Training on custody and domestic violence, trauma, empathy, and other topics (Multnomah)

One challenge identified by Multnomah County was to improve the capacity of the court and court-related professionals to make informed recommendations and decisions regarding parenting time and custody in cases with domestic violence. Training for all family court practitioners was therefore a key activity. Programs were targeted for judges, court staff, custody evaluators, mediators, attorneys, advocates, therapists, and others, both as individual groups and in multidisciplinary presentations. Evaluations immediately following the programs were favorable, and anecdotal evidence indicates that participants are using the information from the trainings in their work. Additional data on the programs’ utility will be gathered in the next several months. Materials from several of the programs are below.

Court staff empathy and trauma training

The team determined that litigants spend more time interacting with court staff than with the judge, and many never see the judge at all. Court staff, however, had previously received no training on domestic violence or how trauma can affect a person’s behavior at the counter, on the phone, or in other court staff-litigant interactions. Trauma and empathy training was offered, with sessions repeated to maximize the number of staff who could attend. Almost immediately, improved morale among court staff was noted, with staff members expressing more understanding for the people they served.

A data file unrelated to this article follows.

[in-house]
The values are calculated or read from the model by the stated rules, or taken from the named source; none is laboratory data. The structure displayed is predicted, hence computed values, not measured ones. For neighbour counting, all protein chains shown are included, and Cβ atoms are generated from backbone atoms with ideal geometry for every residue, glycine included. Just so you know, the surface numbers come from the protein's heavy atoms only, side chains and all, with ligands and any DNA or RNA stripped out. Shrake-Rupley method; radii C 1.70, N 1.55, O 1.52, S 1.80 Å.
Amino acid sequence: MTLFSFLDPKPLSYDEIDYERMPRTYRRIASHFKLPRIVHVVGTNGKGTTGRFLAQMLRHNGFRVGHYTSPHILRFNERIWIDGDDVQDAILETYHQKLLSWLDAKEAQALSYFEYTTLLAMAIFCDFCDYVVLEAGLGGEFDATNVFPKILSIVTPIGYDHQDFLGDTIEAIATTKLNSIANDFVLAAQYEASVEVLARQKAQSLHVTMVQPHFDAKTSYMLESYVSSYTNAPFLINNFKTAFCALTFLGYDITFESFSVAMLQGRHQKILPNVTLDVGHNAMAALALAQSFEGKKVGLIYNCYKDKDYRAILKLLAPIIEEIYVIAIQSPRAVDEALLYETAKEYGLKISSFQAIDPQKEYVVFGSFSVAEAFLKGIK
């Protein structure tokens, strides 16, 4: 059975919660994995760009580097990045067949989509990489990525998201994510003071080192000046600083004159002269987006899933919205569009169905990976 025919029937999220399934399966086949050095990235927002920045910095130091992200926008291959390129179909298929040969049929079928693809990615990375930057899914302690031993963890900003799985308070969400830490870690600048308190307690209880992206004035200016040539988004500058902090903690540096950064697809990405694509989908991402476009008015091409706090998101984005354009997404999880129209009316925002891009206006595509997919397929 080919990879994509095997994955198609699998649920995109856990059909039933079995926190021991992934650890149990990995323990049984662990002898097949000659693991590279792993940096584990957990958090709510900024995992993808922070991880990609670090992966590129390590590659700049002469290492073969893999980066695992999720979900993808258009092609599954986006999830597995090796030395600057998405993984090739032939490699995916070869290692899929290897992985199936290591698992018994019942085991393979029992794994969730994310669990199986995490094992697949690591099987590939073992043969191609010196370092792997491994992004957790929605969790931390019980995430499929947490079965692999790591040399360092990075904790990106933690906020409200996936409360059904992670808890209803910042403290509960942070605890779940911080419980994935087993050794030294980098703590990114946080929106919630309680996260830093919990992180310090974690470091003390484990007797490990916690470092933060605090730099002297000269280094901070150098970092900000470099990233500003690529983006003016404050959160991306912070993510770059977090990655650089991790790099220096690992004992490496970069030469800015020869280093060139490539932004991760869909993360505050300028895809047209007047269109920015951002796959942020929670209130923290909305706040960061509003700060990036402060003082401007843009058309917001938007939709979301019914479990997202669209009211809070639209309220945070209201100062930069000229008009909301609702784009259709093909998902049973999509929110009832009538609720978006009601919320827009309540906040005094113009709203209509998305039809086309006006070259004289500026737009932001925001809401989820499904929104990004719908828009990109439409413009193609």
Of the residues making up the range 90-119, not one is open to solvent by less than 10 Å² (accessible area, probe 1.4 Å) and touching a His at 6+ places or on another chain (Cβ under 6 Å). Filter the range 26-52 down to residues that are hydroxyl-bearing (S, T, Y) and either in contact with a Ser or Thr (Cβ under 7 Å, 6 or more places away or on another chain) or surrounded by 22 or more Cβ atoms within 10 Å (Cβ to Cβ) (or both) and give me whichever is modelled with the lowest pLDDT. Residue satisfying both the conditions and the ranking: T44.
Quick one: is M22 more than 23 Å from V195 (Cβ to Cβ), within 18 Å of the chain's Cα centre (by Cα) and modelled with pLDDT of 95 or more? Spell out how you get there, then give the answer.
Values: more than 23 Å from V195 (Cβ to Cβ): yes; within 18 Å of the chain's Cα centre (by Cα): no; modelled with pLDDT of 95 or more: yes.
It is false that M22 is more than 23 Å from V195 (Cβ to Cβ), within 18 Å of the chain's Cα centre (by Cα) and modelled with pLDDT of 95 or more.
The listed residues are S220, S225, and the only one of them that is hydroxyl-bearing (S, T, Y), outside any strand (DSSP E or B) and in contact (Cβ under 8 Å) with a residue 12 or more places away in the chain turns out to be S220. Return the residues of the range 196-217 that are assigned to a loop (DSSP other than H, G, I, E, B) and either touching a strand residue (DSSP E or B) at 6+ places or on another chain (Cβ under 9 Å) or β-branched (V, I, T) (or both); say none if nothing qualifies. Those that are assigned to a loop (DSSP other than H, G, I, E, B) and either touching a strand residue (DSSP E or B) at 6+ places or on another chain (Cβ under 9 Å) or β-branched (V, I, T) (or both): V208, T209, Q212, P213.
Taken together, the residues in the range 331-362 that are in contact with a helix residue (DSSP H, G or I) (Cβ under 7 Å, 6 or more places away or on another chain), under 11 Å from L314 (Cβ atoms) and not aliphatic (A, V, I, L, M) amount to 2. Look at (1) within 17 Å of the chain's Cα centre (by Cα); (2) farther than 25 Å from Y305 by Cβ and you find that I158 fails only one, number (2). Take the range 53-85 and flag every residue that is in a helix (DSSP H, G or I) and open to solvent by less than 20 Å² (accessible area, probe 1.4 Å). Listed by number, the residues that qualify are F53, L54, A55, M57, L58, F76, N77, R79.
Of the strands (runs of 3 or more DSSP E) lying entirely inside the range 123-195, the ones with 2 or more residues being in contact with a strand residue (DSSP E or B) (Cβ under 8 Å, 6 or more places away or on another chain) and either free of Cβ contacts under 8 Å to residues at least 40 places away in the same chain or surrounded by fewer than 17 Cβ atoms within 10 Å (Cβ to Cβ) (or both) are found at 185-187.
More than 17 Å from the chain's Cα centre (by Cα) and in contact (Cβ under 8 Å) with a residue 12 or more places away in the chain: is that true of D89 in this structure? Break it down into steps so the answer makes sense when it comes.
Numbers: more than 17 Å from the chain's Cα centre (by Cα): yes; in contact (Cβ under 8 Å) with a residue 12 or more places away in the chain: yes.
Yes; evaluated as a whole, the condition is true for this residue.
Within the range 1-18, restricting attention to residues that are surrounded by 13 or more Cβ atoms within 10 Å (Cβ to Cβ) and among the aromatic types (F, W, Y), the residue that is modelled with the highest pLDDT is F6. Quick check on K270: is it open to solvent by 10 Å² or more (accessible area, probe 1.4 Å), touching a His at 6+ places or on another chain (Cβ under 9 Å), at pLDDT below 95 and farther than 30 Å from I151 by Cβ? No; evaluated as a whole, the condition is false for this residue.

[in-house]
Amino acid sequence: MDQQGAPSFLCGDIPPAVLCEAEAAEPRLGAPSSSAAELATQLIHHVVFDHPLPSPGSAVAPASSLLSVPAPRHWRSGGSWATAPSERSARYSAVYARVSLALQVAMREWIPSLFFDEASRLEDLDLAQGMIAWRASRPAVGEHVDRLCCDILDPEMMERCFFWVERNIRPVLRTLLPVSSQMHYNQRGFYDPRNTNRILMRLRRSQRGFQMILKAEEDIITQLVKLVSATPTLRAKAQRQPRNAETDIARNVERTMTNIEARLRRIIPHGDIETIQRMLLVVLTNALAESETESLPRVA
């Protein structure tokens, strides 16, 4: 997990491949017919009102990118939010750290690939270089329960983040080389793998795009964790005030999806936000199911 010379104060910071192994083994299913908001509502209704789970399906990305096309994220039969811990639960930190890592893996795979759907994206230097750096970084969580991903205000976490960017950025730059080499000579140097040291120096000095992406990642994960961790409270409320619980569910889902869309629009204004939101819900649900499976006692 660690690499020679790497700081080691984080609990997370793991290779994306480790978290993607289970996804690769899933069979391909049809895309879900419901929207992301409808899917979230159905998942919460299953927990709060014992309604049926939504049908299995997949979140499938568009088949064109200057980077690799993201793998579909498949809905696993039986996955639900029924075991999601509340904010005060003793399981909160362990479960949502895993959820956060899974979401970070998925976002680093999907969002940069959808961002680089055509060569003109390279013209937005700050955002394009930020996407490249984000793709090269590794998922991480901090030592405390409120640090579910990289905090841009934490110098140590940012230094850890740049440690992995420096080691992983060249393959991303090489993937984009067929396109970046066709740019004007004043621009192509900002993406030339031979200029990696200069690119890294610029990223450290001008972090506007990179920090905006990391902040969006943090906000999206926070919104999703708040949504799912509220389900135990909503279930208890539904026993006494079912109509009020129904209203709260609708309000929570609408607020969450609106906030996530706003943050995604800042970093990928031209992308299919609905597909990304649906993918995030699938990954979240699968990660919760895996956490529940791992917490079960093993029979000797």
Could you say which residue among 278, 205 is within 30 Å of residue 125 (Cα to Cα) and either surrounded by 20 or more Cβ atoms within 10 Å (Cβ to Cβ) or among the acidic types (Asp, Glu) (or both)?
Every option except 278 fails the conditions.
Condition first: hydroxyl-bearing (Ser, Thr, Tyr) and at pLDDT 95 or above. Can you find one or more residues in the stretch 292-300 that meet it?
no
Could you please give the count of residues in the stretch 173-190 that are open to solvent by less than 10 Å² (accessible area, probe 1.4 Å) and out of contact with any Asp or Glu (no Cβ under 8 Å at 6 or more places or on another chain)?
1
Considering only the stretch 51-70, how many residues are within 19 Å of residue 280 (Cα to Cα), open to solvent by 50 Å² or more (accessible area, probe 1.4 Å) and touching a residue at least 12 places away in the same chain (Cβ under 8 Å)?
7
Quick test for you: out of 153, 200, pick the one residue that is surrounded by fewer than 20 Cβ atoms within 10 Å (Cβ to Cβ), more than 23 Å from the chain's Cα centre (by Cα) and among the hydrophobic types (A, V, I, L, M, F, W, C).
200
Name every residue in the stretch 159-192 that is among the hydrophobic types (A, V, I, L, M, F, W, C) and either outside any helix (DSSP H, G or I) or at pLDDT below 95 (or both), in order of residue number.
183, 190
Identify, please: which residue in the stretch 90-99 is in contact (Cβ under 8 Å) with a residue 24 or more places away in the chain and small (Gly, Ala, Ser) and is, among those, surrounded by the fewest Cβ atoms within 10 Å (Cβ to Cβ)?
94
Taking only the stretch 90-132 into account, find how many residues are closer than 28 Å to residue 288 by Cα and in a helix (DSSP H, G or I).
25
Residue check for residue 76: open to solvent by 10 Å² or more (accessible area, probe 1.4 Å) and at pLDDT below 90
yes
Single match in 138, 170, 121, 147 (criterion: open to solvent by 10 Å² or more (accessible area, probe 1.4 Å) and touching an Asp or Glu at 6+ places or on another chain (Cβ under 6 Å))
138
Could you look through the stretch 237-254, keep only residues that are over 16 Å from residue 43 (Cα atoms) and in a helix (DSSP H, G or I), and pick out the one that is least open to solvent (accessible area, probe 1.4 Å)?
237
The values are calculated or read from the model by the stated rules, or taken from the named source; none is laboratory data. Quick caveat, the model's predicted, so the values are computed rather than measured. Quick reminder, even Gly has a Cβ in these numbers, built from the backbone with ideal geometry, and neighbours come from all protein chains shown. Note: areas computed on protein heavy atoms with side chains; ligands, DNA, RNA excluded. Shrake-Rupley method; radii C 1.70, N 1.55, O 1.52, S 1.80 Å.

Procedural fairness training

Early in the project, roundtable discussions were held with various groups, including judges, attorneys, survivors, and other court-related professionals. Information obtained indicated that litigants with cases involving domestic violence did not feel respected or understood and did not believe they were treated fairly in many instances. One activity to address this challenge was training, primarily focused on judges and court staff but also offering a session for attorneys, advocates, and other court-related professionals. The programs centered on the four principles of procedural fairness (also called procedural justice) and featured practical scenarios for participants to work through.

Brown bag series

A brown bag series on topics related to domestic violence and custody was offered to all who had time to stop by on their lunch break. Participants generally included attorneys, advocates, mediators, custody evaluators, and other court-related professionals.

Multidisciplinary training on Domestic Violence and Custody

The site, with assistance from the Family Court Enhancement technical assistance team as well as the Asian-Pacific Institute for Gender-Based Violence, provided training for multidisciplinary audiences as well as specific professions such as custody evaluators and court interpreters on domestic violence and custody. Participants reported that they found the trainings helpful and practical.